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Limited Partnerships in Washington State


The Uniform Limited Partnership Act adopted by the State of Washington in 2009 (the “Act”) applies to all limited partnerships, whenever formed, whether or not they so elect. It is automatic. This means the Act will affect you if you are part of or if you are planning to form a Washington limited partnership.

The Act modernizes the limited partnership statutes by making them more similar to other business entities in Washington and by making limited partnerships attractive as special purpose entities in the following circumstances: (1) for family limited partnerships in estate planning; and (2) for highly sophisticated, manager-controlled limited partnerships. In recent years, limited liability companies, limited liability partnerships, and some corporations have supplanted much of the limited partnership historical uses and benefits.

These are some of the significant changes:

  • The existence of the limited partnership is perpetual unless otherwise provided (Sec. 104);
  • A limited partner may not disassociate from the limited partnership before the termination of the limited partnership (Sec. 601);
  • General partners are liable for the debts of the partnership (Sec. 404). Limited partnerships may now opt to be limited liability limited partnerships (LLLP’s) by so declaring in the limited partnership agreement and in the filed certificate. If elected, the general partner may have protection from liability for the debts and obligations of the limited partnership;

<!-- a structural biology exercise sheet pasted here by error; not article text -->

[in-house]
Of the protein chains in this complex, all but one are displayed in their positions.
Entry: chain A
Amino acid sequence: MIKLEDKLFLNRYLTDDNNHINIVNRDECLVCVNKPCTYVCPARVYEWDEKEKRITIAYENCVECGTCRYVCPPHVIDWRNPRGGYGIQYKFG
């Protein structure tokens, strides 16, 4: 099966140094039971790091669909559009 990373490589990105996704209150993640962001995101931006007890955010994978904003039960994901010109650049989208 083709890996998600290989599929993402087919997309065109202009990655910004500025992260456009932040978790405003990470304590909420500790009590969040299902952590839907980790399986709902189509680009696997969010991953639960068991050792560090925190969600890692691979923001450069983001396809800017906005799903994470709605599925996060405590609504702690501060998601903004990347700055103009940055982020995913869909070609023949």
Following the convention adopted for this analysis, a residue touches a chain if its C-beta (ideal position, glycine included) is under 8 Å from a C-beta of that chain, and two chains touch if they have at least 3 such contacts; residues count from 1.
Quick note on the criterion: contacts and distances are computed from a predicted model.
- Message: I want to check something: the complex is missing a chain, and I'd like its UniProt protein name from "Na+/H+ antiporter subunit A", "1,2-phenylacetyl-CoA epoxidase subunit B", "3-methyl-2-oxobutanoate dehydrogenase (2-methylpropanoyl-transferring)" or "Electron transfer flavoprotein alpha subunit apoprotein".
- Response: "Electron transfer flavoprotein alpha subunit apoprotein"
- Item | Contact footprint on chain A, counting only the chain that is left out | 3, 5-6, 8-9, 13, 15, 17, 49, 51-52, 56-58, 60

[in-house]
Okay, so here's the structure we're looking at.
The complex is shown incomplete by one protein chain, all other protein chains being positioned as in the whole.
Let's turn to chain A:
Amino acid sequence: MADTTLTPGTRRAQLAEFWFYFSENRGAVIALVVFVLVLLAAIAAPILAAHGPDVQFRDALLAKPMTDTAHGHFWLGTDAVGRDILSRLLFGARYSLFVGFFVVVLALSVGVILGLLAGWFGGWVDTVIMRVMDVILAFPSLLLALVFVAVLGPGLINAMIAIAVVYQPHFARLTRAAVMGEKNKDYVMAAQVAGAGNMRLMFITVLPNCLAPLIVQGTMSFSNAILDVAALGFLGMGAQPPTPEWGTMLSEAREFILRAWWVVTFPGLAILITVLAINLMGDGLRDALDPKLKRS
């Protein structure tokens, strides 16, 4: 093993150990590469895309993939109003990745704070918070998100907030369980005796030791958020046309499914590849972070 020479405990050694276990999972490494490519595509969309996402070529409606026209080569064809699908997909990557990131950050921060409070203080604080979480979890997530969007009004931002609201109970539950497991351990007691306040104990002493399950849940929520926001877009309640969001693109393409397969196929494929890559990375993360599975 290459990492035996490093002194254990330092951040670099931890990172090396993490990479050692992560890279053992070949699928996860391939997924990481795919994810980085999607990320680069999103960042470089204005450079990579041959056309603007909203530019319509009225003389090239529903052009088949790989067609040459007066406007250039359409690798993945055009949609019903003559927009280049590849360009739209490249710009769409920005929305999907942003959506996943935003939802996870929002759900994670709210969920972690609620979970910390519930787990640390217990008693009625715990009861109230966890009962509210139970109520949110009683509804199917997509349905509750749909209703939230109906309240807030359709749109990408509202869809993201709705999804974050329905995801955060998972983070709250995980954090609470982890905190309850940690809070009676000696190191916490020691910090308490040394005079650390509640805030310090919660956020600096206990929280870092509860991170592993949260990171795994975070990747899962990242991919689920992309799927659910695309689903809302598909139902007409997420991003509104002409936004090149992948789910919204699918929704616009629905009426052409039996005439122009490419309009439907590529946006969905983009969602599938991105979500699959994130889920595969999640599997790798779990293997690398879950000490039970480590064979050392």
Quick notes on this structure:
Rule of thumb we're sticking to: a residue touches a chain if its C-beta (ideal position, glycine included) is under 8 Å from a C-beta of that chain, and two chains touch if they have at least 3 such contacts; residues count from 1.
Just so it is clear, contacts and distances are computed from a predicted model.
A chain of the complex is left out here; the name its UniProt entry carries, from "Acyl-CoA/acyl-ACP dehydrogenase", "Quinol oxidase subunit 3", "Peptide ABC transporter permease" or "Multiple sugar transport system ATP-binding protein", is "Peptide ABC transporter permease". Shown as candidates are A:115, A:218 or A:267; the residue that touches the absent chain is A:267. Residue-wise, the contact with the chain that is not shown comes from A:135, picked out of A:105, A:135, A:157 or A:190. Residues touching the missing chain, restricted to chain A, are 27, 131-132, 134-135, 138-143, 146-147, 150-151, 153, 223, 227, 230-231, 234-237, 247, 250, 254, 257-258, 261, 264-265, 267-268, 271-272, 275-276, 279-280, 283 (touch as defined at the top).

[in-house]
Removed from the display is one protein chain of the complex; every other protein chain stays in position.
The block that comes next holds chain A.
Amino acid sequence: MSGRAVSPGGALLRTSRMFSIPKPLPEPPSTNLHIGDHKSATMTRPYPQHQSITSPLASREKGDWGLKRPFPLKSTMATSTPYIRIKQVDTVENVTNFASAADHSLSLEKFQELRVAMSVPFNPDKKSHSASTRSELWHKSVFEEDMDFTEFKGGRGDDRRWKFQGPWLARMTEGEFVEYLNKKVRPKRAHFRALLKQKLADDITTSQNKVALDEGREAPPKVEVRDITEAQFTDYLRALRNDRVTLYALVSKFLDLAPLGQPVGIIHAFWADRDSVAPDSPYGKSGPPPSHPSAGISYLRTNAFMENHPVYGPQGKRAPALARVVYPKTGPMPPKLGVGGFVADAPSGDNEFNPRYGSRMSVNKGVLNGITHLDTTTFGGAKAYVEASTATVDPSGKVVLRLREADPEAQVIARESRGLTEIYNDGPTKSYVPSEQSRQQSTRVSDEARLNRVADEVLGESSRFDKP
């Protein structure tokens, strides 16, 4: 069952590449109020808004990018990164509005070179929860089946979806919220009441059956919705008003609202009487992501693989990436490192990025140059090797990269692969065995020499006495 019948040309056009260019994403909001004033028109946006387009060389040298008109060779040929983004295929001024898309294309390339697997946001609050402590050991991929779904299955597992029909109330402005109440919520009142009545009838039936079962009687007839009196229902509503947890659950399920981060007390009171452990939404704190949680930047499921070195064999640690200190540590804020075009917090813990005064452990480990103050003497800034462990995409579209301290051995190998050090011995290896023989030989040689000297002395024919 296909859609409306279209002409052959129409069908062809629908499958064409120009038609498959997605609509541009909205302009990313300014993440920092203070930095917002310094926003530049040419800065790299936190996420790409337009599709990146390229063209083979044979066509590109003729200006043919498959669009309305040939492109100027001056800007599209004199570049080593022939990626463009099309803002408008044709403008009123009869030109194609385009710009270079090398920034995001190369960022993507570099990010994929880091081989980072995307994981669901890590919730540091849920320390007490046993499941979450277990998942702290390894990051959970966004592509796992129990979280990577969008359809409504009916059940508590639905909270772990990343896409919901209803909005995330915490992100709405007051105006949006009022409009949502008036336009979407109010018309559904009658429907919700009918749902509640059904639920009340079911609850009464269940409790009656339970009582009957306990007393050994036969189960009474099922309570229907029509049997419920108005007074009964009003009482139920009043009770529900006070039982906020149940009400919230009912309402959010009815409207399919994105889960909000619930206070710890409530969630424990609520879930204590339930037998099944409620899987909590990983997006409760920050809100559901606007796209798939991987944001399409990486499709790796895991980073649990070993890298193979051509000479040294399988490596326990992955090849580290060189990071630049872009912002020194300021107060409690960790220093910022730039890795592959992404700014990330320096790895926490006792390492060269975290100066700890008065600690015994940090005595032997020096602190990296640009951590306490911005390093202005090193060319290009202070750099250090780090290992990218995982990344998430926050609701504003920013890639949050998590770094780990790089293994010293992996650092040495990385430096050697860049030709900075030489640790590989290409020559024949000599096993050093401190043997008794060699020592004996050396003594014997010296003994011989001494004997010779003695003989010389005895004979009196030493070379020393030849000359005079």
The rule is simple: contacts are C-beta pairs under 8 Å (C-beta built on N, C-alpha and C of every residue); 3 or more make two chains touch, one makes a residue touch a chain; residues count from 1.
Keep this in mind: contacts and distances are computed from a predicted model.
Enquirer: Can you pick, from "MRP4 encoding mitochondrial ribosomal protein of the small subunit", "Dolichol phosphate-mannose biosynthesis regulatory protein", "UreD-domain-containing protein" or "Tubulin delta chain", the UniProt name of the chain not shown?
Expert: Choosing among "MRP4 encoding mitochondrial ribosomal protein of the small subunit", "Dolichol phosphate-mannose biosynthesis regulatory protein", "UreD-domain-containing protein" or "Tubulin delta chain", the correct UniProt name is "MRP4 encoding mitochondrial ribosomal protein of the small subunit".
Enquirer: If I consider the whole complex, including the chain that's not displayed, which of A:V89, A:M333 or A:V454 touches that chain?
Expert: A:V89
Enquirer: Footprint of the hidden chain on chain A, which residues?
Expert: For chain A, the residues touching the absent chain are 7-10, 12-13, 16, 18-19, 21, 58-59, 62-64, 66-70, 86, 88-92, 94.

• Limited partners enjoy limited liability against limited partnership obligations even if the limited partner participates in the management or control of the limited partnership (Sec. 303);
  • A limited partner’s name may be incorporated into the name of the limited partnership (Sec. 108);
  • Dissolution is approved by a vote of all the general partners and the limited partners holding a majority of the rights to receive distributions (Sec. 801); and
  • Limited partners are not deemed to have a fiduciary duty to the limited partnership solely by reason of being a limited partner (Sec. 305).

We recommend that anyone with pre-2010 limited partnership contact us to discuss the impact of this Act and the advisability of amending the Certificate of Limited Partnership and the limited partnership agreement to benefit from or protect against the above.

Kevin J. Collette is an attorney in Ryan Swanson’s Business Group and can be reached at 206-654-2252 or [email protected].

Because each situation is different, this information is intended for general information purposes only and is not intended to provide legal advice on any specific facts and circumstances. Ryan, Swanson & Cleveland, PLLC is a full-service law firm located in Seattle, Washington.

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